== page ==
HOW PASSIVE SMOKING CAUSES HEART DISEASE
by Sean Henahan, Access Excellence
SAN FRANCISCO- Recent studies provide a better
understanding of the mechanisms by which second hand tobacco
smoke contributes to the development of heart disease, report
researchers from UC San Francisco.
Two noted cardiology researchers, Dr. Stanton Glantz and Dr.
William Parmley, have done a considerable amount of research on
the effects of secondhand tobacco smoke on the heart. The two
collaborated on a research project combining their own data with
that from other researchers around the world, in an effort to
consolidate what is known about the pathogenic mechanisms of
The current data demonstrate that the ill effects of
secondhand smoke result from many components of tobacco smoke.
These include carbon monoxide, nicotine, polycyclic aromatic
hydrocarbons and others.
The carbon monoxide produced by passive smoking competes
with oxygen for binding sites on red blood cells. This reduces
the blood's ability to deliver oxygen to the heart and
compromises the heart muscle's ability to use oxygen to create
adenosine triphosphate. The carbon monoxide also increases the
amount of lactate in venous blood.
As a result of these effects, people exposed to second hand
smoke show a reduced exercise capability. For example, studies
show that people with existing heart disease cannot exercise as
hard or as long when exposed to secondhand smoke. These people
are also more likely to develop arrhythmias (irregular heart
beats) when exposed to secondhand smoke. Related studies have
shown that people with no signs of heart disease take as long as
those with heart disease to return to their resting heart rate
following exercise when exposed to secondhand smoke.
Several studies have shown that children of smoking parents
have increased levels of 2,3-diphosphoglycerate. This enzyme
increases the disassociation of oxygen from hemoglobin in red
blood cells in an attempt to counterbalance chronic oxygen
Second hand smoke, also called sidestream smoke or
environmental tobacco smoke, also increases platelet activity,
accelerates atherosclerotic lesions, and increases tissue damage
following ischemia (insufficient oxygen delivery to the heart or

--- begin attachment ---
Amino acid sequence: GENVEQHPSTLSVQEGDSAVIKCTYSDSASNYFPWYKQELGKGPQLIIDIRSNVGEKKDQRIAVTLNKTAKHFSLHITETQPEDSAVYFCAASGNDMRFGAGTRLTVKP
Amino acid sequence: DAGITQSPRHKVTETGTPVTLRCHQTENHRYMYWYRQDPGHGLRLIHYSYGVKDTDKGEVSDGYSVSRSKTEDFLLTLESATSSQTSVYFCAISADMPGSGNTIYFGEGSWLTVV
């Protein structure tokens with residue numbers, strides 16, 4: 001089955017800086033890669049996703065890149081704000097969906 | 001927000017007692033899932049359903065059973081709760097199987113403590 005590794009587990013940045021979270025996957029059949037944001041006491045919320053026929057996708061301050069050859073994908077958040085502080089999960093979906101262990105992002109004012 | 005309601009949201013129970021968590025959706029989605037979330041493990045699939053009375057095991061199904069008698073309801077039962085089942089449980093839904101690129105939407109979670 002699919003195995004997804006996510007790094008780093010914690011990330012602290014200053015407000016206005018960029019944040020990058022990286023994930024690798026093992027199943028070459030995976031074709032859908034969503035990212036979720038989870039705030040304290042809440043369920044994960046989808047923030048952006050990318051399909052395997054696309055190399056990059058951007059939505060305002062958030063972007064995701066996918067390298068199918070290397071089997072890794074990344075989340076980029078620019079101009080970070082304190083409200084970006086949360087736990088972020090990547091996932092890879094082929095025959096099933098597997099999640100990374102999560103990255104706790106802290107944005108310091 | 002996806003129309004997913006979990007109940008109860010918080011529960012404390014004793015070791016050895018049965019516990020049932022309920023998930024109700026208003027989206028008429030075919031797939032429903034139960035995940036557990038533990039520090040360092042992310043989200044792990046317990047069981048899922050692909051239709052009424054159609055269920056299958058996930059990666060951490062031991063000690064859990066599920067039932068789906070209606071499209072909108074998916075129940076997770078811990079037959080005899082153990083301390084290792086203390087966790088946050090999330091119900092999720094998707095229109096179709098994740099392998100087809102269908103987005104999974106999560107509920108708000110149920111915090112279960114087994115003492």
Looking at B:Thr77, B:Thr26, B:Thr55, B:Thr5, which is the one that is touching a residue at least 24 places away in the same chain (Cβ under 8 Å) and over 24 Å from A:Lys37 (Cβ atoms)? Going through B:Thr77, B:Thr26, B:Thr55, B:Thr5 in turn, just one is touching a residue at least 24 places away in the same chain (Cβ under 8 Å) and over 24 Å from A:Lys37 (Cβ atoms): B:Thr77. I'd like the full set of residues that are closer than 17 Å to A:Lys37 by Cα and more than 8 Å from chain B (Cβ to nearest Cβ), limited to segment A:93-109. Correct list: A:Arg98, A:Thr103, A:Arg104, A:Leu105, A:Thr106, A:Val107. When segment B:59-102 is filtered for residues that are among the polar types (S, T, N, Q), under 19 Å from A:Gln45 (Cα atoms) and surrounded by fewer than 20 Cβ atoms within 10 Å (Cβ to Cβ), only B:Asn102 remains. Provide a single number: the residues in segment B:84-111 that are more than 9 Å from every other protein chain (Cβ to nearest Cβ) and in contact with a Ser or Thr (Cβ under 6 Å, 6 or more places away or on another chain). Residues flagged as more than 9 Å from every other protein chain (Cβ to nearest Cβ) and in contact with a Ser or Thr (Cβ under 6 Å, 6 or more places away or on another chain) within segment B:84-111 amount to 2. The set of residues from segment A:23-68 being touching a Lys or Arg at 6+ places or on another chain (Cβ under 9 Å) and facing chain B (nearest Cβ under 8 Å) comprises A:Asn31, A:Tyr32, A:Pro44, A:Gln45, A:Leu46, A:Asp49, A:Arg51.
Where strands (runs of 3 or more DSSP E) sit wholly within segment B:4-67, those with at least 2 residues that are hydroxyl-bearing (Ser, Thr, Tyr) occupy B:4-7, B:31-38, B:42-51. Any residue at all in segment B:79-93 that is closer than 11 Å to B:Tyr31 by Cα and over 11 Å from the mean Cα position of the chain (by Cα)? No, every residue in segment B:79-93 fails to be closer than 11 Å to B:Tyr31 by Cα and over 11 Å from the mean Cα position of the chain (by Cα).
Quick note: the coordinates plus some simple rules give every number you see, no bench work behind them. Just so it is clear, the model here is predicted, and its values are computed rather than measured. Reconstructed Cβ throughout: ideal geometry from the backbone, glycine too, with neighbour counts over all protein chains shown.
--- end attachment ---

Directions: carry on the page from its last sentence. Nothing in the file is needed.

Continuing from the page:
brain) or myocardial infarction (heart attack). Increases in
platelet activity are associated with formation of blood clots
and atherosclerosis (hardening of the arteries), both of which
are factors predisposing for a heart attack.
There is now a considerable amount of data indicating that
second hand smoke has different effects on smokers and
non-smokers, the researchers note. The hearts of chronic smokers
make certain adaptations to compensate for the negative effects
of smoking, whereas nonsmokers do not show this 'advantage'.
"The practice-- often advocated by the tobacco industry and
its scientific consultants when considering second hand smoke--
of thinking about cigarette equivalents of simple dose-based
extrapolations from smokers to non-smokers will lead to gross
underestimations of the risks of passive smoking to the
cardiovascular system... Leaving aside the philosophical
considerations of whether anyone ought to be required to breathe
even one cigarette per day under any circumstances, the
environmental tobacco smoke experienceed by many people in their
daily lives is enough to produce substantial adverse effects on
the cardiovascular system," note Parmley and Glantz.
The researchers conclude that second hand smoke is the third
leading cause of preventable death, after active smoking and
alcohol. They estimate that passive smoking causes as many as
60,000 fatal heart attacks per year and three times as many
non-fatal heart attacks.
Passive smoking should be considered on a par with public
health problems such as AIDS and illegal drug use, with major
efforts expended to protect workers, children and the general
public, they note, adding that the simplest and least expensive
way to accomplish this is to mandate smoke-free workplaces,
schools and public places.
For complete details on this study, see Glantz et al.,
JAMA, , 4/5/95, V.273, No.13, pp.1047-1053.
Transmitted: 95-04-08 11:57:50 EDT
Related information at other Web sites:
Smoking, Tobacco and Cancer at Oncolink
The Franklin Institute's Virtual Heart